This is how Hazur has amplified the message of Inayat Shah. He gives us a practical method, of how we can move our attention toward the Lord. Through satsangs, books, recordings of question and answers, seva – by being enveloped in the atmosphere of love and devotion. These are all means to help to pull our mind away from the world and take us within – to loosen the roots of our attachments. He wants us to help us change the focus of our attention! He is showering his love and grace – all we need to do is to exert just a minimum of effort. We need to respond to his inner pull and not turn our backs. Hazur says:
Actually it is the Lord who pulls us from within. We are so tied down with the attachments of this creation that it becomes difficult for us to take even one step. We are so engrossed in this creation, so attached to this creation. Our roots have gone so deep into this creation that it is not so easy to uproot them. So even our one step is a great step. Without his grace, we can never get out of this creation. So even our one step is sufficient for him to pull us.5
Here Hazur is explaining why it is so difficult. Because our roots have gone so deep into the world. But, he is consoling us: Just a minimum of effort will create the momentum we need and provoke his grace. “Even our one step is sufficient for him to pull us.”
Now, the Great Master, in this same letter we read from earlier, describes what we will encounter when we go within. He writes:
Enter the astral world, make contact with the Astral Form of the Master, become very intimate with him, make him your companion, catch the sound current, cross the mind planes, and reach your eternal spiritual home in Sach Khand – so that your wanderings in the worlds of mind and matter may end. Do it now, while alive. This is the purpose of human life.
He is saying that when we go within, we will enter the astral world, and there we will see the radiant form of our Master – this is his true form, his Shabd form. His physical form is temporary – it draws us to the spiritual path, to seek his company, but ultimately we have to attach ourselves to his Shabd form. He describes how we do this. We have to become “intimate” with him – this is lovely, he is saying that the master’s love for us is so strong, so deep, so overwhelming, that we can develop a true intimacy with him – not the kind of physical intimacy we may experience with people we meet in this world, with our friends and family, but a true spiritual intimacy ... No language is needed to express this spiritual love. Just devotion. He says: “make him your companion” – he is our true lover. Our reliable friend. Our companion on this journey through life.
How can we realize that he is our everlasting companion? He has said that “our practice will lead us to the real master within, where there is no separation.” As Great Master wrote in another letter:
If you reply that you want to come to India for seeing your Guru, then it should be noted that the physical frame is not the real form of the Guru. It is a mere dress he has put on in this world and which will be put off here. The true form of the Guru is holy Sound, and in that form the Guru permeates every hair on your body and is seated within you. When you go above the eyes, then the Guru will meet you in his Radiant Form, and when you reach Trikuti, the Guru will accompany you in his Sound Form, even up to Sach Khand. Fly upwards upon the wings of faith and love, so you may talk to him every day and be with him always. This will come gradually, so you need not despair. Perform your devotion regularly, and one day all these powers shall be yours and you shall reach your true home.6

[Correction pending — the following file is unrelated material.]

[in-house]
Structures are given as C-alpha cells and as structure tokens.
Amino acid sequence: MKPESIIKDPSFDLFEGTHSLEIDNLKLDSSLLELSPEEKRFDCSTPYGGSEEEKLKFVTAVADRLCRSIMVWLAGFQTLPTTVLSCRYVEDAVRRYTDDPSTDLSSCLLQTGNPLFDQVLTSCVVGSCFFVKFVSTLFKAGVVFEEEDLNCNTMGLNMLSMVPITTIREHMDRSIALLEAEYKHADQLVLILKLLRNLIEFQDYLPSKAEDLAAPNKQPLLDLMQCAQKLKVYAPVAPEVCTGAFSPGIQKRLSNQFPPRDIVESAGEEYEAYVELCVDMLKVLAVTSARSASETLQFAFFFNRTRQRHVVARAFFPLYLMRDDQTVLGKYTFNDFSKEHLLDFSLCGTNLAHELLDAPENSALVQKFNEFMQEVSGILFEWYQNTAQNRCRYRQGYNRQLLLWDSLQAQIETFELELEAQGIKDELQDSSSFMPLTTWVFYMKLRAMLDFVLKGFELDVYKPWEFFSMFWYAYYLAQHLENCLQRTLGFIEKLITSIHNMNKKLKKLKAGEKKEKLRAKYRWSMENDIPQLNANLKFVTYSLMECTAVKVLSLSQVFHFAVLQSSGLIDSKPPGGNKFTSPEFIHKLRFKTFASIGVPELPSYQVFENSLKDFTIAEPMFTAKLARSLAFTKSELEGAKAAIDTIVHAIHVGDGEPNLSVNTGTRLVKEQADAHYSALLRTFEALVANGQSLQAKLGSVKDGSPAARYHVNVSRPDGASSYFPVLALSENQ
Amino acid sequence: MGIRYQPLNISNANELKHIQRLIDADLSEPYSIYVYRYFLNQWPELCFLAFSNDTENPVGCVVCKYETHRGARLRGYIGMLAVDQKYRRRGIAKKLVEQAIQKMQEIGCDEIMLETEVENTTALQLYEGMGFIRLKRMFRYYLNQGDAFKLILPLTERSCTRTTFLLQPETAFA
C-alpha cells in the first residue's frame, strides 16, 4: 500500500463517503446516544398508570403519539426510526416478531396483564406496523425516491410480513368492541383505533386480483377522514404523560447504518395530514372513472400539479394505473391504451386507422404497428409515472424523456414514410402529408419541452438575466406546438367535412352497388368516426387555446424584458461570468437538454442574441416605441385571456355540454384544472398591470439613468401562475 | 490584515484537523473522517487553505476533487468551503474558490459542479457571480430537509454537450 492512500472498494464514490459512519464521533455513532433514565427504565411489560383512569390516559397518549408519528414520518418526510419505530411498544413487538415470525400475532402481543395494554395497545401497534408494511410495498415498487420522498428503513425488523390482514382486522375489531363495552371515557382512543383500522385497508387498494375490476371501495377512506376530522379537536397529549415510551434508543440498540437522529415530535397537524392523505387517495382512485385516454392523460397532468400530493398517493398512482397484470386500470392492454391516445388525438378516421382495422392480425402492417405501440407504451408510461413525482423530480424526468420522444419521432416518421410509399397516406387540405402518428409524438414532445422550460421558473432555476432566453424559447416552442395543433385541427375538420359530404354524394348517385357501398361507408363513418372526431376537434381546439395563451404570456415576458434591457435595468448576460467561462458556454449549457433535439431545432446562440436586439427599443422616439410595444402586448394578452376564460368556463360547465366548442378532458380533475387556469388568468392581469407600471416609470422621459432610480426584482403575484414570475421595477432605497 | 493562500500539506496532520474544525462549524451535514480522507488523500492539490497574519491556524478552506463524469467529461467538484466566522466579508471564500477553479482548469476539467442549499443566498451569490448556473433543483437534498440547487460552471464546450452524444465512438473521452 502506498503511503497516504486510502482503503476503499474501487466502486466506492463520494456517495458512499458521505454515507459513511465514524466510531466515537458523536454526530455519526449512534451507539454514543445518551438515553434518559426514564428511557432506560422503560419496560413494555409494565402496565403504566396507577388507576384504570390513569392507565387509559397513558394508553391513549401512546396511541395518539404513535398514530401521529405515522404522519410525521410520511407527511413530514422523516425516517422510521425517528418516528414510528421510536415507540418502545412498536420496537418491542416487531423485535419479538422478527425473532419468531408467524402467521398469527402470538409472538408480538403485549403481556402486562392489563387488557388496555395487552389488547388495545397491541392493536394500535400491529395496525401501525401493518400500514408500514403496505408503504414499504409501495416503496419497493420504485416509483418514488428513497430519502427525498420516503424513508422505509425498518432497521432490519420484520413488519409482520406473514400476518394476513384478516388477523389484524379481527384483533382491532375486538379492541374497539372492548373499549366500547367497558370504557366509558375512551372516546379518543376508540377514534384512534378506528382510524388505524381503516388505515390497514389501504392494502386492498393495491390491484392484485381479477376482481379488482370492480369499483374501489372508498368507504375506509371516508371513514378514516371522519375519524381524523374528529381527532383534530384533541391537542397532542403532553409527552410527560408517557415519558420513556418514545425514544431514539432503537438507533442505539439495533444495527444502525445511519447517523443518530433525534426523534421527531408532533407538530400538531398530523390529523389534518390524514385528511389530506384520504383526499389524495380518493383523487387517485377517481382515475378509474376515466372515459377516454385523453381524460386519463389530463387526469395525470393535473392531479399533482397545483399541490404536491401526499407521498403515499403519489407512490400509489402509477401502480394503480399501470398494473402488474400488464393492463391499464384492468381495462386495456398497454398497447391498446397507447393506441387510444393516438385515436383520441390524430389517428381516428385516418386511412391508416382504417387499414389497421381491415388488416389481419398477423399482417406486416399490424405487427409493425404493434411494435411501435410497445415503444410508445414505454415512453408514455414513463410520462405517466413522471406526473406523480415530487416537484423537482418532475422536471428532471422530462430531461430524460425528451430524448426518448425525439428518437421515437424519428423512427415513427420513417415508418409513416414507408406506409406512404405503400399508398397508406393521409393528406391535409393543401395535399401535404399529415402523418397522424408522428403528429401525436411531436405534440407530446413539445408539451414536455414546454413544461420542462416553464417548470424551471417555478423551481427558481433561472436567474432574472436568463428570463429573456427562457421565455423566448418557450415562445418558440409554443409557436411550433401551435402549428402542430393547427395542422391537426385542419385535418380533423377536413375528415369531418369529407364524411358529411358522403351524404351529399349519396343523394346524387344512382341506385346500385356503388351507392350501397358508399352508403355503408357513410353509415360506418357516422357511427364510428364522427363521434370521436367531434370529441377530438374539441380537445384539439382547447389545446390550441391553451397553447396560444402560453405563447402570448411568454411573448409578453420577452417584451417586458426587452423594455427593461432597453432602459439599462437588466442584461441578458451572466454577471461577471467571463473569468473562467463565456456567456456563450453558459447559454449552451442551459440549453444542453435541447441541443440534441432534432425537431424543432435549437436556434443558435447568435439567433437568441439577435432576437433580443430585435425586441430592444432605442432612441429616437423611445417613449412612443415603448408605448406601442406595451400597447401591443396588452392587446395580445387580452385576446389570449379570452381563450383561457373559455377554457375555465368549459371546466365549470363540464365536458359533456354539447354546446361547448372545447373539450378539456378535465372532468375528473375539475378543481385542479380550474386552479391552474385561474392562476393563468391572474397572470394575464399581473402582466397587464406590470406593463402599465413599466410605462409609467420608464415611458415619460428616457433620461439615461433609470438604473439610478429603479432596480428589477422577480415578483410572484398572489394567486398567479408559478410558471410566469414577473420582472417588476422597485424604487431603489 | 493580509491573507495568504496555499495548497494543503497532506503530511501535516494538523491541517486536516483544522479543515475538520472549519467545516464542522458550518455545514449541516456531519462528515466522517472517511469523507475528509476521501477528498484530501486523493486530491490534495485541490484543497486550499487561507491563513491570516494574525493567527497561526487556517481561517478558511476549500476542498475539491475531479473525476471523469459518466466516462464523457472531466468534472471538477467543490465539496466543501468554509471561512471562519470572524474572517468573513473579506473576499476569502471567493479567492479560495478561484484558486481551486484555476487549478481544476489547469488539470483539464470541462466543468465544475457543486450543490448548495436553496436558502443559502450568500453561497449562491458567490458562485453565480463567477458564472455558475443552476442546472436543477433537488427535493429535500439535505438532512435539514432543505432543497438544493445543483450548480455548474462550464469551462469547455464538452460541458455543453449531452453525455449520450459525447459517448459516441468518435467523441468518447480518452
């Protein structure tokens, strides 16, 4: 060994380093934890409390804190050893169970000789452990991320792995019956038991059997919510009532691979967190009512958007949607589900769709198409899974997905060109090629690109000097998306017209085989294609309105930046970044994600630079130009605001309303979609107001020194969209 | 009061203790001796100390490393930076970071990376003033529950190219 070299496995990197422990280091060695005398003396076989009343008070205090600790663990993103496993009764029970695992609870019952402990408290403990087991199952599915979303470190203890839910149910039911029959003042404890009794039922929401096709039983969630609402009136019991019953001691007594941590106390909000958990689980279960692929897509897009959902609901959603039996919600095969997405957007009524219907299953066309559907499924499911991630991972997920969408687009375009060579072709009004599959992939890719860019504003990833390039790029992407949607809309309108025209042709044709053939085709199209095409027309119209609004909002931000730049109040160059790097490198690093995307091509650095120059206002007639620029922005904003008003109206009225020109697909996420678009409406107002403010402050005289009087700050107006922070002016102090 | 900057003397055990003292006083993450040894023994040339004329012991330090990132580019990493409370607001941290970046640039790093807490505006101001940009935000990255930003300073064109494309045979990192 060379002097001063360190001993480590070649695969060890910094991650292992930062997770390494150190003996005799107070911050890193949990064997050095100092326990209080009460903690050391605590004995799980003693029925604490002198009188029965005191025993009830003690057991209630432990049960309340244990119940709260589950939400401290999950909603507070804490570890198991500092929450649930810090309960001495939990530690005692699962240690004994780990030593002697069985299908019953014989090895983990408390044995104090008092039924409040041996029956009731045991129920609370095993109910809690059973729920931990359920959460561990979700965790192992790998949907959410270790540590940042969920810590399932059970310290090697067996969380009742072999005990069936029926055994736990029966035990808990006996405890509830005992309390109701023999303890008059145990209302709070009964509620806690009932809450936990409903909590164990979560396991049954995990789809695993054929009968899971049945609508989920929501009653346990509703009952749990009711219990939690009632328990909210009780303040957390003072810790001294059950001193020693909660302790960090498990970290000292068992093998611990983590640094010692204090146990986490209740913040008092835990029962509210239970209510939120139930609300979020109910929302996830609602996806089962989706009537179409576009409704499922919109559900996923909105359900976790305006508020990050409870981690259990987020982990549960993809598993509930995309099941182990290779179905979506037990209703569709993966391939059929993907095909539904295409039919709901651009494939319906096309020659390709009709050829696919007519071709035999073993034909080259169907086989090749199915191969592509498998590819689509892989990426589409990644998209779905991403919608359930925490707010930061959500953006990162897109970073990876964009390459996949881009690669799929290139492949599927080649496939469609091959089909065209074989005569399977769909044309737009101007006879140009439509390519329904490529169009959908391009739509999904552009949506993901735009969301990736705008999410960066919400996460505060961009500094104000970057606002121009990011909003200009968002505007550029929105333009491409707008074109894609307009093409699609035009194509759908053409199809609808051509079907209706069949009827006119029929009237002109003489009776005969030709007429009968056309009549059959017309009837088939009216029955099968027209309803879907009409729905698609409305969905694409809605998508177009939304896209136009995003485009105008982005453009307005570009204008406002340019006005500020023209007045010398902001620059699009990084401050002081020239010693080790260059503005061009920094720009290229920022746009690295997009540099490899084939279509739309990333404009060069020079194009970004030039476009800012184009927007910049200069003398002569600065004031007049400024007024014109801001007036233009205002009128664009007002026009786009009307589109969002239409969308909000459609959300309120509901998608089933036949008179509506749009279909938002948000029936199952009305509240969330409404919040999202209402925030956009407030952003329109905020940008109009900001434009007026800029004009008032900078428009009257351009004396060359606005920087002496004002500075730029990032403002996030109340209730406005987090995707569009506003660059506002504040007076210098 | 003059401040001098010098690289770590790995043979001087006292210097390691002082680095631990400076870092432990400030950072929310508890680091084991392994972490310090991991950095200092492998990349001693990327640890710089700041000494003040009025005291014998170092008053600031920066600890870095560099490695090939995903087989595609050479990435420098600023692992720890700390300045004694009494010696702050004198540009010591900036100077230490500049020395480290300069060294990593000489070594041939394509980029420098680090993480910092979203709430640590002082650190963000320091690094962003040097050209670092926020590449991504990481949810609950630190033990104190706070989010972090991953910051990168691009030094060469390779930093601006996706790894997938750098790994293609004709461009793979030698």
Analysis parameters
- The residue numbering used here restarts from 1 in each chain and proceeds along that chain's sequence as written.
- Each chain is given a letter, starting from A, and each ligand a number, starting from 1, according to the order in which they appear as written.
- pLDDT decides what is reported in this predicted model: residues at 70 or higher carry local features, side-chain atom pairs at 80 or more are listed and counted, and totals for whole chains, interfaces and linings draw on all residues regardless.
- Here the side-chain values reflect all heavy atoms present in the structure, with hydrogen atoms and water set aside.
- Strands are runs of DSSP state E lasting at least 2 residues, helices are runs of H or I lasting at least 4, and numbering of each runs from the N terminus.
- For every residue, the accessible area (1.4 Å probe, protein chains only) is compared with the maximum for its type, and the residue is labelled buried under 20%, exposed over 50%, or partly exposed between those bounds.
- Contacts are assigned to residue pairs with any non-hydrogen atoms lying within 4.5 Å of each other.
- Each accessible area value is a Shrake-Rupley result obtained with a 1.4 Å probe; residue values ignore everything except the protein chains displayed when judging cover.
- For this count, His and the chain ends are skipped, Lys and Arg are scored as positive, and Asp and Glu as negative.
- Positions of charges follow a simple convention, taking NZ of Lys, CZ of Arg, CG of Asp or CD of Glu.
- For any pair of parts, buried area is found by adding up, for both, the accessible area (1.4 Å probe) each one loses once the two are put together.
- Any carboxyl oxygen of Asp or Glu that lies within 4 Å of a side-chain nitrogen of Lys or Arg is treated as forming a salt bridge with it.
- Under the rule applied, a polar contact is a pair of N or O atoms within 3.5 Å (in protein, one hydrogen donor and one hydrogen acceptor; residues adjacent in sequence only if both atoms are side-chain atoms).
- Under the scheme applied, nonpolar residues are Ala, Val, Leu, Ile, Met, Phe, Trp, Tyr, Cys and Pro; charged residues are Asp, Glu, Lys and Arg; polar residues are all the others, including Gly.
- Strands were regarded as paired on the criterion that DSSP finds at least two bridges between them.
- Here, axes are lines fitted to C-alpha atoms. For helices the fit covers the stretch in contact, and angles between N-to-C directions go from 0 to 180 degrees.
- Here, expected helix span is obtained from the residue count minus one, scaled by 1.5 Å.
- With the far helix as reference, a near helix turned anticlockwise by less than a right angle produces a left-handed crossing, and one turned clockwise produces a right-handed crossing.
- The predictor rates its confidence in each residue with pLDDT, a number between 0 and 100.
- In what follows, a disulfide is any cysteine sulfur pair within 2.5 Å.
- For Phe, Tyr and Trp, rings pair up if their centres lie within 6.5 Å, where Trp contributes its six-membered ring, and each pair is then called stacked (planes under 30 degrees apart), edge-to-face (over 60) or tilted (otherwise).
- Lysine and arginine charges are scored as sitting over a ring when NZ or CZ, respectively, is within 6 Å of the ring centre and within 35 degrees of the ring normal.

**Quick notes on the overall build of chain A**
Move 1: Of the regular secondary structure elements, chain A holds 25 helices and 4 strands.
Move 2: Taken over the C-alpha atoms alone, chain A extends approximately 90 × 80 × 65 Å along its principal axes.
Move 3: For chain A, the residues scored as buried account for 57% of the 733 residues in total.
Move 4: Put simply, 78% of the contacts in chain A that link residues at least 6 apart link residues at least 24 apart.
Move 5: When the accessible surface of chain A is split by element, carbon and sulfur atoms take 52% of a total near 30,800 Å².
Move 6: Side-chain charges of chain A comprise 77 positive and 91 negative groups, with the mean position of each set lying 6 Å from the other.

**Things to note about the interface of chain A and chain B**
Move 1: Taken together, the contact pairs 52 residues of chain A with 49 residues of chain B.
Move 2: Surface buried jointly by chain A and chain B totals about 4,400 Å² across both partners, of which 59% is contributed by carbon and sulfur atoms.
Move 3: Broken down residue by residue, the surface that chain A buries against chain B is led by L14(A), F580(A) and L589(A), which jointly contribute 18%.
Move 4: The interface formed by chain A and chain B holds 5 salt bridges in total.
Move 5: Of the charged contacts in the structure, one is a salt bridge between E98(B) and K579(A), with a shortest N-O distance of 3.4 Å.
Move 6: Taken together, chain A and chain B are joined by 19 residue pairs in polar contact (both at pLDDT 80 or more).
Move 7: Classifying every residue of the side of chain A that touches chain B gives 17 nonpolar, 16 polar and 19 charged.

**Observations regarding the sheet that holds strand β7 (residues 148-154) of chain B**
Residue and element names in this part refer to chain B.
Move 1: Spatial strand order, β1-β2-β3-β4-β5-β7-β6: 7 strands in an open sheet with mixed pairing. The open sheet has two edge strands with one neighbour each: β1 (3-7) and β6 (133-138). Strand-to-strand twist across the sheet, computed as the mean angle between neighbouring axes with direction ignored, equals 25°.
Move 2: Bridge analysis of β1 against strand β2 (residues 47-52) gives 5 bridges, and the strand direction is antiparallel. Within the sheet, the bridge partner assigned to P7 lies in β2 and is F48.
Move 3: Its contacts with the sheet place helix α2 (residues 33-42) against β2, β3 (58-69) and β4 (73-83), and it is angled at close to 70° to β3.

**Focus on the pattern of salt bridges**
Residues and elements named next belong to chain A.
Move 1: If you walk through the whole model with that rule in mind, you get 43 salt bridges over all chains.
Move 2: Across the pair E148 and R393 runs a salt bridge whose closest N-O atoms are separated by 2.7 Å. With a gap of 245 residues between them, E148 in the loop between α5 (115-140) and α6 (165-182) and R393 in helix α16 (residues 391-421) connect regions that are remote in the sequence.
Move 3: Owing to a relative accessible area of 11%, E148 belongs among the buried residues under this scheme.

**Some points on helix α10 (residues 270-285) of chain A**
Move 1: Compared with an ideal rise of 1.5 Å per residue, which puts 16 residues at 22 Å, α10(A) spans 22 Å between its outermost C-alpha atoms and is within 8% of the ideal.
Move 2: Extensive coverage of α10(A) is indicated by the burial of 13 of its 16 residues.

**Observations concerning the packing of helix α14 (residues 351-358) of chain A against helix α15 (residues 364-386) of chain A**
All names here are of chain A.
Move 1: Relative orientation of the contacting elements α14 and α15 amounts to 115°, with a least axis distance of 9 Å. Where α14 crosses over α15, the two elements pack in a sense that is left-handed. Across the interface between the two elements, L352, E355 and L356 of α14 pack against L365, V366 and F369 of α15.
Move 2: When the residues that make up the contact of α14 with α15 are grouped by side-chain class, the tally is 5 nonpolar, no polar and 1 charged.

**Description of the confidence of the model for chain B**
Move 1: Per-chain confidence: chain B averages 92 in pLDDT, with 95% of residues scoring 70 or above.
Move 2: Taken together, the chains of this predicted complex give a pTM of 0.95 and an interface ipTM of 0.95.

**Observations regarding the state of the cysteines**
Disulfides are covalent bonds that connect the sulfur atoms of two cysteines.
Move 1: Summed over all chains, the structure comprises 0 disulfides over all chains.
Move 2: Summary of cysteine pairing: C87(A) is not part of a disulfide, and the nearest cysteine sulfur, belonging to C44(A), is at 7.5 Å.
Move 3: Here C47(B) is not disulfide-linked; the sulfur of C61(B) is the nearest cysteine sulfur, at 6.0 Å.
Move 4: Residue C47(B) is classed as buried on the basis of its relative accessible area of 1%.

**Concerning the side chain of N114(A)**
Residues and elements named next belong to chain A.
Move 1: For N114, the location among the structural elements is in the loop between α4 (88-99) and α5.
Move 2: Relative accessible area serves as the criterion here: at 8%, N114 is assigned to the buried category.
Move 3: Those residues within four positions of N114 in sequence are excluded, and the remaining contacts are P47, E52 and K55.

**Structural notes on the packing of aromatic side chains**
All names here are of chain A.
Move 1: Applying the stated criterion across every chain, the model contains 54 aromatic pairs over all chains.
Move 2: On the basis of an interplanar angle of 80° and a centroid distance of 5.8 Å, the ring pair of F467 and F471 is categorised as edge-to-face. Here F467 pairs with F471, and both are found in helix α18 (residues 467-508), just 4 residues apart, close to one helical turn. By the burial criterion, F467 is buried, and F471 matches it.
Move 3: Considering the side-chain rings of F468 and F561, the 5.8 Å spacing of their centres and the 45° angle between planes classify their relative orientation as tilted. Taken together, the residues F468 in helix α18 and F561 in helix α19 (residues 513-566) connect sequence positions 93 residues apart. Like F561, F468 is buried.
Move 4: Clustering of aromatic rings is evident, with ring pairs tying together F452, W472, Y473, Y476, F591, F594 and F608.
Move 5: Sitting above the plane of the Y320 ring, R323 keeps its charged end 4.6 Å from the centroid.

“Fly upwards upon the wings of faith and love so that you may talk to him every day and be with him always.” That’s the entire inner path in a nutshell. When we experience the sound current, then the Shabd, our true and intimate companion, will meet us and guide us back to our eternal home.
Yet, the Great Master warns us to buckle down and make effort. In the first letter quoted earlier, he says:
If progress in this line has not been made, life has been spent in vain.
This is his message. If we don’t do this now, we have wasted our life. He’s given us the key, the instruction, the message. But we have to put it to use. If we don’t, we’re like the student who registers for a course in college, but when the final exam rolls around, she realizes she never attended class or read the textbook. What a nightmare!
If we don’t do our meditation, live the Sant Mat way of life, and keep our simran in mind, then it’s “we” who have wasted our lives. We have created our own nightmare. He’s given us all the tools and guidance we need to journey on this path. It is our responsibility to act on it.
Great Master spells out the importance of choosing the spiritual life over worldly gain and success. In the same letter, he says:
It is not difficult to acquire worldly fame, wealth, kingdom, and miraculous power, but it is difficult to turn away one’s attention from these and go inside to catch the sound current.
Here the master is reminding us of our priorities: We work very hard to achieve in our profession, to satisfy our ambitions, but he’s saying that all this is easy when compared to detaching our mind from this web of worldly involvement and turning it to the sound current. Yet that is our real purpose! It is the struggle of a lifetime, as Hazur often said.